Kim Sikora: As a working photographer in San Francisco, what was your biggest challenge been?

Nicolo Sertorio: I chose to live and work in the San Francisco bay area because I fell in love with the place and people from my very first visit. But it is a bit of a compromise from the point of view of a photographic career: it is a smaller market compared to New York or Los Angeles, there are fewer local clients, etc. Also, my personal style for commercial work (‘refined lifestyle’) tends to resonate more with East Coast clients. But there is no way I am moving, especially now that we invested in a new studio!

KS: Artists in San Francisco face many obstacles, and it can be a struggle to make the time and space to create new work. How do you balance your personal and professional time?

NS: It definitely takes discipline to carve out time for personal work, but at the same time it is where I get inspiration, motivation, and renewed excitement. On the commercial side I try to have a personal (‘test’) shoot every couple of months. On the fine-art side I tend to work on series/ideas that evolve over fairly long periods of time. But it is a balance between all the dimensions of life constantly screaming for attention, one that has to be constantly re-negotiated.

Of course it helps to have a supportive partner. In my case my wife is a scientist, so we share the passion for our work, the sacrifices, the patience and determination required, the ideals.

KS: You took part in APA’s spring portfolio review event. How do you feel that this impacted your work or your photography career?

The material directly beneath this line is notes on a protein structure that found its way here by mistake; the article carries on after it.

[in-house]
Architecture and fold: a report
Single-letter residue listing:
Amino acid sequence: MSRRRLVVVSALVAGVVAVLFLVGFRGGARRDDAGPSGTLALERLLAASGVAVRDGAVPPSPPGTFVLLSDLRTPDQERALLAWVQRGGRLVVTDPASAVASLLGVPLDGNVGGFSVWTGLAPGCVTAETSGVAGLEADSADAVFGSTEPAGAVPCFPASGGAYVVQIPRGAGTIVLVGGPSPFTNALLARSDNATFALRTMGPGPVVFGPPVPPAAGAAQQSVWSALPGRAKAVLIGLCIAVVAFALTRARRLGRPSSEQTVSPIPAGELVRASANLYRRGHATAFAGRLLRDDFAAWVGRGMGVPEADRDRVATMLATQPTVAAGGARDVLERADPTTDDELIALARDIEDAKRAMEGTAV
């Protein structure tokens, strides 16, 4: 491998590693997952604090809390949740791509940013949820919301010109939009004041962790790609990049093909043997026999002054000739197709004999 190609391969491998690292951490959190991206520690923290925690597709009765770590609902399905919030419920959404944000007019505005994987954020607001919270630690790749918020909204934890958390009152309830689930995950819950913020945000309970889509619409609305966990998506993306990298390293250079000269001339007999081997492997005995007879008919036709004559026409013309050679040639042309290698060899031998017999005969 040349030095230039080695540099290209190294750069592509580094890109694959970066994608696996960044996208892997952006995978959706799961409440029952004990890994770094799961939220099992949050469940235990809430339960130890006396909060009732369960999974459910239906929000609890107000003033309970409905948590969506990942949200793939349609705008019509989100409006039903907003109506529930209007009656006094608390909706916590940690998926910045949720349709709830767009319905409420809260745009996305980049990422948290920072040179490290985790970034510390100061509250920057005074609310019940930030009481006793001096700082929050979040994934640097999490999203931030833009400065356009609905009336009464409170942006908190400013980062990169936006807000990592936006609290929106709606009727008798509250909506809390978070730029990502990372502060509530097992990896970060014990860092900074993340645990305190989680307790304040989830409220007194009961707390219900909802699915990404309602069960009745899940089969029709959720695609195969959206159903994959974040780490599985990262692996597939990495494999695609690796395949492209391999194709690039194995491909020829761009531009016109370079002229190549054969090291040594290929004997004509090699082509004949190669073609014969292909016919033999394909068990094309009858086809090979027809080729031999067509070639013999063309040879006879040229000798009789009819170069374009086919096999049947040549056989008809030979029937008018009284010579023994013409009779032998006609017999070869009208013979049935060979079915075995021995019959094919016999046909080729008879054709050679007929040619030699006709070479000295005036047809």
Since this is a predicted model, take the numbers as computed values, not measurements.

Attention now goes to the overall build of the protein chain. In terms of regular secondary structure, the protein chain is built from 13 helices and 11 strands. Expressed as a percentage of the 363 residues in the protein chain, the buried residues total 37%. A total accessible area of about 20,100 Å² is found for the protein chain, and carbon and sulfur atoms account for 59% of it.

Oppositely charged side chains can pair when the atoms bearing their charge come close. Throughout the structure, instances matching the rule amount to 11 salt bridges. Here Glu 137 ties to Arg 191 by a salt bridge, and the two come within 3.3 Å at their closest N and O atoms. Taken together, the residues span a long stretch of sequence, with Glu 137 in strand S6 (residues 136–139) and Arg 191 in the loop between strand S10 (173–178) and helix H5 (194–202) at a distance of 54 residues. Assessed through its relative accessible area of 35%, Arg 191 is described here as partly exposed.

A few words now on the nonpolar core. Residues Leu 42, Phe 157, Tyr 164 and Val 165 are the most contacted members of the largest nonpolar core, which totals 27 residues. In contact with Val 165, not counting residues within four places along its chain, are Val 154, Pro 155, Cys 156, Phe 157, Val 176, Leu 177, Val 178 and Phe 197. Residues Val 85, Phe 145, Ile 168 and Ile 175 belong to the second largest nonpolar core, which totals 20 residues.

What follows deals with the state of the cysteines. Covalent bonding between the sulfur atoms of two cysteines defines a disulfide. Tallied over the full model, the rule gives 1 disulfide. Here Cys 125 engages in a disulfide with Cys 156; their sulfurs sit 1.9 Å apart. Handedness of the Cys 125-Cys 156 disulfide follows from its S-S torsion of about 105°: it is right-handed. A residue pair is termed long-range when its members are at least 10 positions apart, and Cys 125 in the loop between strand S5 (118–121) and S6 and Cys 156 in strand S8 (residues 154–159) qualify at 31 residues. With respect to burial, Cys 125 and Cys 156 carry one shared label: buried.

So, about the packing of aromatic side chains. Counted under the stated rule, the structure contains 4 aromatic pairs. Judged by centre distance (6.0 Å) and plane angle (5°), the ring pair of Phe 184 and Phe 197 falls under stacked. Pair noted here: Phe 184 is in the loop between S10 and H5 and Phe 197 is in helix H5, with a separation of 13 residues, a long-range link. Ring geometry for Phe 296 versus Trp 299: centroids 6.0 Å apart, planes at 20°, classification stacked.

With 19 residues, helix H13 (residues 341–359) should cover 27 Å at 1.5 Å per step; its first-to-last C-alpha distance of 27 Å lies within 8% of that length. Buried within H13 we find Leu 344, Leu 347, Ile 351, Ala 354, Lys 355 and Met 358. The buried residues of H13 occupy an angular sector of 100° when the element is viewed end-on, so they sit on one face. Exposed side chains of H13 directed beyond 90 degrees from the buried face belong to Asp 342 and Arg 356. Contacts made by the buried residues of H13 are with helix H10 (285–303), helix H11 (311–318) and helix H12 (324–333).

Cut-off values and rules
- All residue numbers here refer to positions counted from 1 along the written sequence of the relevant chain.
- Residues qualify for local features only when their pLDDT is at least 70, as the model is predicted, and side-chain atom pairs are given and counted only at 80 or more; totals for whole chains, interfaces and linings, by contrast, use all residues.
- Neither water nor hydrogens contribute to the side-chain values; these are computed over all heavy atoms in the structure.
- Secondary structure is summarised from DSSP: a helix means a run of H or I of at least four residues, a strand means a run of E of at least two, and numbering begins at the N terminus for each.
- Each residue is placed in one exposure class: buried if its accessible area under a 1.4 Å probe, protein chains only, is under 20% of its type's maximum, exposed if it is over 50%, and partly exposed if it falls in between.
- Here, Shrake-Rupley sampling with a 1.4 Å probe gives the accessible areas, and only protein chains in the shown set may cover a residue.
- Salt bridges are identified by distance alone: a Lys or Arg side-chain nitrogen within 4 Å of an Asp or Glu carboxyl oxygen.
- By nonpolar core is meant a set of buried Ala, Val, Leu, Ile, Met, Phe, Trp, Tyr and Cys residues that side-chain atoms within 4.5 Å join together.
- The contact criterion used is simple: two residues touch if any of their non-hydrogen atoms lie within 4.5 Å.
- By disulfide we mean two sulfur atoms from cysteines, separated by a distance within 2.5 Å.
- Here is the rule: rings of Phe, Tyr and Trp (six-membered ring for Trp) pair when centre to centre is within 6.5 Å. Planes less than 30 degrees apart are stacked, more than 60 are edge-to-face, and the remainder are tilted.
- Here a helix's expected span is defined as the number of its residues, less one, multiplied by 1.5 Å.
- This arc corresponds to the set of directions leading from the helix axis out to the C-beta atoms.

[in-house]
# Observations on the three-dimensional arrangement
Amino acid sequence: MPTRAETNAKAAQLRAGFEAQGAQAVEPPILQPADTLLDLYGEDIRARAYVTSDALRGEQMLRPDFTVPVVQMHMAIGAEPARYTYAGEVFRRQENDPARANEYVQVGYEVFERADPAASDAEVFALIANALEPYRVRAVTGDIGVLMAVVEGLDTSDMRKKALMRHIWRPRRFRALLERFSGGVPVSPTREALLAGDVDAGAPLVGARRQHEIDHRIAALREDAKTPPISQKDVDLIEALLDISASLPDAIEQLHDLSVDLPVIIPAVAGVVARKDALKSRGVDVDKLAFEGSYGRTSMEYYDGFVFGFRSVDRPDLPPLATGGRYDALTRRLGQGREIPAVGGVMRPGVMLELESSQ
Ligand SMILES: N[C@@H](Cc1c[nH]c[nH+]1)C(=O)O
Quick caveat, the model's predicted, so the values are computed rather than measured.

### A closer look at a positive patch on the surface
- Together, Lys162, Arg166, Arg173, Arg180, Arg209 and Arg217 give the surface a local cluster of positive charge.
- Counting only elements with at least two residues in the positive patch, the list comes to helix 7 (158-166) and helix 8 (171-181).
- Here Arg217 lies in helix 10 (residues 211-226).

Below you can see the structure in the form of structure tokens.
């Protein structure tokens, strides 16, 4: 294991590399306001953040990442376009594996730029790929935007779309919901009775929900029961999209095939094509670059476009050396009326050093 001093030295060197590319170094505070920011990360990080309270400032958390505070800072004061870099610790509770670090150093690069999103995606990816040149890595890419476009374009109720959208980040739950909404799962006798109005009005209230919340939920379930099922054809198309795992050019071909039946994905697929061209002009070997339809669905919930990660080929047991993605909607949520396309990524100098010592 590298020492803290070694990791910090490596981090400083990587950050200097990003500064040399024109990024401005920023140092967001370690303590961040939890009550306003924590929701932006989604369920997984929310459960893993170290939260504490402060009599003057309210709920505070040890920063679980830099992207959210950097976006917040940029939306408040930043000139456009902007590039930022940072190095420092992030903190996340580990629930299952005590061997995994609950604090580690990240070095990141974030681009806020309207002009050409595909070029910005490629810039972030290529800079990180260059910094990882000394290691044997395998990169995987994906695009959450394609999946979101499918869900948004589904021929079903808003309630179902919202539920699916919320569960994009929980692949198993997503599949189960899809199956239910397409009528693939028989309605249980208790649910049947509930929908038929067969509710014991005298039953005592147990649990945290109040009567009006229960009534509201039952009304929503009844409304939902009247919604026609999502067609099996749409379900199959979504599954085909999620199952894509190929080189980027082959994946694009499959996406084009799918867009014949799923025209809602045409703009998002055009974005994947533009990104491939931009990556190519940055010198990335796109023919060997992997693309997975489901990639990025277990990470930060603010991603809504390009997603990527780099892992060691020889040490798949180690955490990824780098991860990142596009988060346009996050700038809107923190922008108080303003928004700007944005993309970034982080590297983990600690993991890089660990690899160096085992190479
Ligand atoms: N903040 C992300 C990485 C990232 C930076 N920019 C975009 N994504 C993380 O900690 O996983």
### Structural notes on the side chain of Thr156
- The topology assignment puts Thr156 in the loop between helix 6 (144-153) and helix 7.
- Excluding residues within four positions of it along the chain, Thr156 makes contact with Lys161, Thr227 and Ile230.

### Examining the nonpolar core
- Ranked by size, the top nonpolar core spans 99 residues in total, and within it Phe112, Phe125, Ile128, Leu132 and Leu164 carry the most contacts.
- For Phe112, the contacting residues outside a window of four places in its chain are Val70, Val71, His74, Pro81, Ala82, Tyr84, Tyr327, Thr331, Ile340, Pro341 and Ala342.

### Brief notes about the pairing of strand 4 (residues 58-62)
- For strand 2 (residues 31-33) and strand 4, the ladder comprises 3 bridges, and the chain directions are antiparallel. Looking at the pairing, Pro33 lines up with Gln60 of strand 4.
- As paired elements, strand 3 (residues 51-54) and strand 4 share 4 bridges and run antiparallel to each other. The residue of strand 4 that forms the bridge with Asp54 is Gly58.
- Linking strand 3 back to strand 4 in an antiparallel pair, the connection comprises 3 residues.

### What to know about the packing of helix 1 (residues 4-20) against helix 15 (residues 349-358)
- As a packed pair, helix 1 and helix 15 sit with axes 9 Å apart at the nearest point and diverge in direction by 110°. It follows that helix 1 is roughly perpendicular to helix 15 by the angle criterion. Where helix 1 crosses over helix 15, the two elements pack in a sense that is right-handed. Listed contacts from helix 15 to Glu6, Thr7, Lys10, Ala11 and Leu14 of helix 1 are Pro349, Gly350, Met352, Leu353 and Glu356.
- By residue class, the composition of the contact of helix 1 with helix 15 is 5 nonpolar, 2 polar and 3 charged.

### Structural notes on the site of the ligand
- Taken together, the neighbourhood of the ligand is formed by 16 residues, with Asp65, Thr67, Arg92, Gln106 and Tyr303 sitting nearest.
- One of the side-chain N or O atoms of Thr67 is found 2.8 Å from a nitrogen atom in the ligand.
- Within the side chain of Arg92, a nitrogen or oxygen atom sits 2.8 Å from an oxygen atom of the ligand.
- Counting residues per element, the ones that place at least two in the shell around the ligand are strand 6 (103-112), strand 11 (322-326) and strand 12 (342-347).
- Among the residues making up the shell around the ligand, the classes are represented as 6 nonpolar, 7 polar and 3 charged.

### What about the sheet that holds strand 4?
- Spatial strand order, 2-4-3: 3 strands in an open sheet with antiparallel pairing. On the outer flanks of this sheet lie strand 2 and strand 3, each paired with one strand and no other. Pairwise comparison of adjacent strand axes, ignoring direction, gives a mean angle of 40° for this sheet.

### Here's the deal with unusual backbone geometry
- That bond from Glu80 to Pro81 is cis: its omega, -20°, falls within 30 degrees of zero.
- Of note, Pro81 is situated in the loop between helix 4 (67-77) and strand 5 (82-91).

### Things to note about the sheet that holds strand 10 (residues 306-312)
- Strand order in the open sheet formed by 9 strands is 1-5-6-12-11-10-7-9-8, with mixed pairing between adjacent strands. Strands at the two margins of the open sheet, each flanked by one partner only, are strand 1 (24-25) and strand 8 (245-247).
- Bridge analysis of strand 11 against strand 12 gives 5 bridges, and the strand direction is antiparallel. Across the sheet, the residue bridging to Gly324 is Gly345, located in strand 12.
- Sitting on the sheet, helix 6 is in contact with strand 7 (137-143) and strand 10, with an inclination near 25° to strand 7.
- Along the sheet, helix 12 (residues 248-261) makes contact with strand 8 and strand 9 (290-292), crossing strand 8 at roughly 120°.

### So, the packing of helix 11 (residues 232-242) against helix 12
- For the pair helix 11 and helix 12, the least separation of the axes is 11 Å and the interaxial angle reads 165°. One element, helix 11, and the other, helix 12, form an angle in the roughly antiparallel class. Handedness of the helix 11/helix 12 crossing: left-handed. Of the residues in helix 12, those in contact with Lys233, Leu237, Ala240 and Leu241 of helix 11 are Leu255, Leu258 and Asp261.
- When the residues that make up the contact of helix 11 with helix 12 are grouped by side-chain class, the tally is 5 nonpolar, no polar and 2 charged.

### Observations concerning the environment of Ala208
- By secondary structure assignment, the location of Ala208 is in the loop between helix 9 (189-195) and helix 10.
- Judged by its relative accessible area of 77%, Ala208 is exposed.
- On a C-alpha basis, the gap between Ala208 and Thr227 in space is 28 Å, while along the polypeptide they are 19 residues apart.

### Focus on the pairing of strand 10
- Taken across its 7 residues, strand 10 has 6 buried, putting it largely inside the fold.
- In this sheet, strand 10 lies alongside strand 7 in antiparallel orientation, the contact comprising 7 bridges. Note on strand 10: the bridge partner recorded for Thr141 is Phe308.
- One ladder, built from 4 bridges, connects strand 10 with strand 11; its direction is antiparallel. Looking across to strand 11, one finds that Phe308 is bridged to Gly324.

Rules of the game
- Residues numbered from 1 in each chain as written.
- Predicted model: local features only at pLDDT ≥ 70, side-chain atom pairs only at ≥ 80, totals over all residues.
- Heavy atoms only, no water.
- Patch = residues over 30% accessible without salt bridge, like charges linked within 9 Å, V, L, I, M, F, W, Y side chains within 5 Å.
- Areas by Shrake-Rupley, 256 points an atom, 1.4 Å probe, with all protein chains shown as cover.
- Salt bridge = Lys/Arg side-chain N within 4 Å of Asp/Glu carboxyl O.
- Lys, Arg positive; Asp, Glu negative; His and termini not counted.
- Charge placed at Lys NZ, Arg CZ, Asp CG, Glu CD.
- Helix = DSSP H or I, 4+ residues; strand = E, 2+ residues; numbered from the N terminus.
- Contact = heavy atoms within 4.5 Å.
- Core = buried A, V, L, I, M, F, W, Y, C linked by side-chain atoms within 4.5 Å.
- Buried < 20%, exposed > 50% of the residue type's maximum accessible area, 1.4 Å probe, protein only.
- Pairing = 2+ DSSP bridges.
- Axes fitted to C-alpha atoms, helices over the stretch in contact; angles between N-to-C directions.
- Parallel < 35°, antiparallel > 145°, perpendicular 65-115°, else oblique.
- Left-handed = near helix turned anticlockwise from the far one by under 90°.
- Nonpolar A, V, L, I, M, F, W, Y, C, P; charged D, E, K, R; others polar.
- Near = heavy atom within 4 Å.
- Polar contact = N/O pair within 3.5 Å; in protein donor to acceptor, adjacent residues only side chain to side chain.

NS: I have attended several portfolio reviews and found the APA San Francisco one to be small and intimate, which I liked.
Jaqueline Fodor gave me some great advice and encouragement to include one of my personal series on my commercial web site. I had been weary of doing so, but have been getting very good feedback since.

KS: Are there other resources you think photographers in the bay area would benefit from?

NS: I always push myself and my friends to shoot more and collaborate more. ASMP and APA are both great organizations to meet fellow photographers. I also enjoy the ‘Dog & Pony’ shows that Propville organizes. But I do feel that as an imaging community we could do a lot more together.

KS: Do you have any new projects you’d like to tell us about?

NS: The latest projects (and time guzzlers) for me have been:

Got elected as the new president of ASMP Northern California chapter. As a new board we have many great ideas but limited resources, so it has been taking a lot of our time to establish the foundation for many new programs and workshops that will be rolling out in the fall.

I just released my latest personal/fine-art series (check ‘Passages II: Rest Areas’ on my fine-art site: So far it has been received very well: it has been included in multiple group shows and won several awards. I am currently exploring the idea of making it into a book.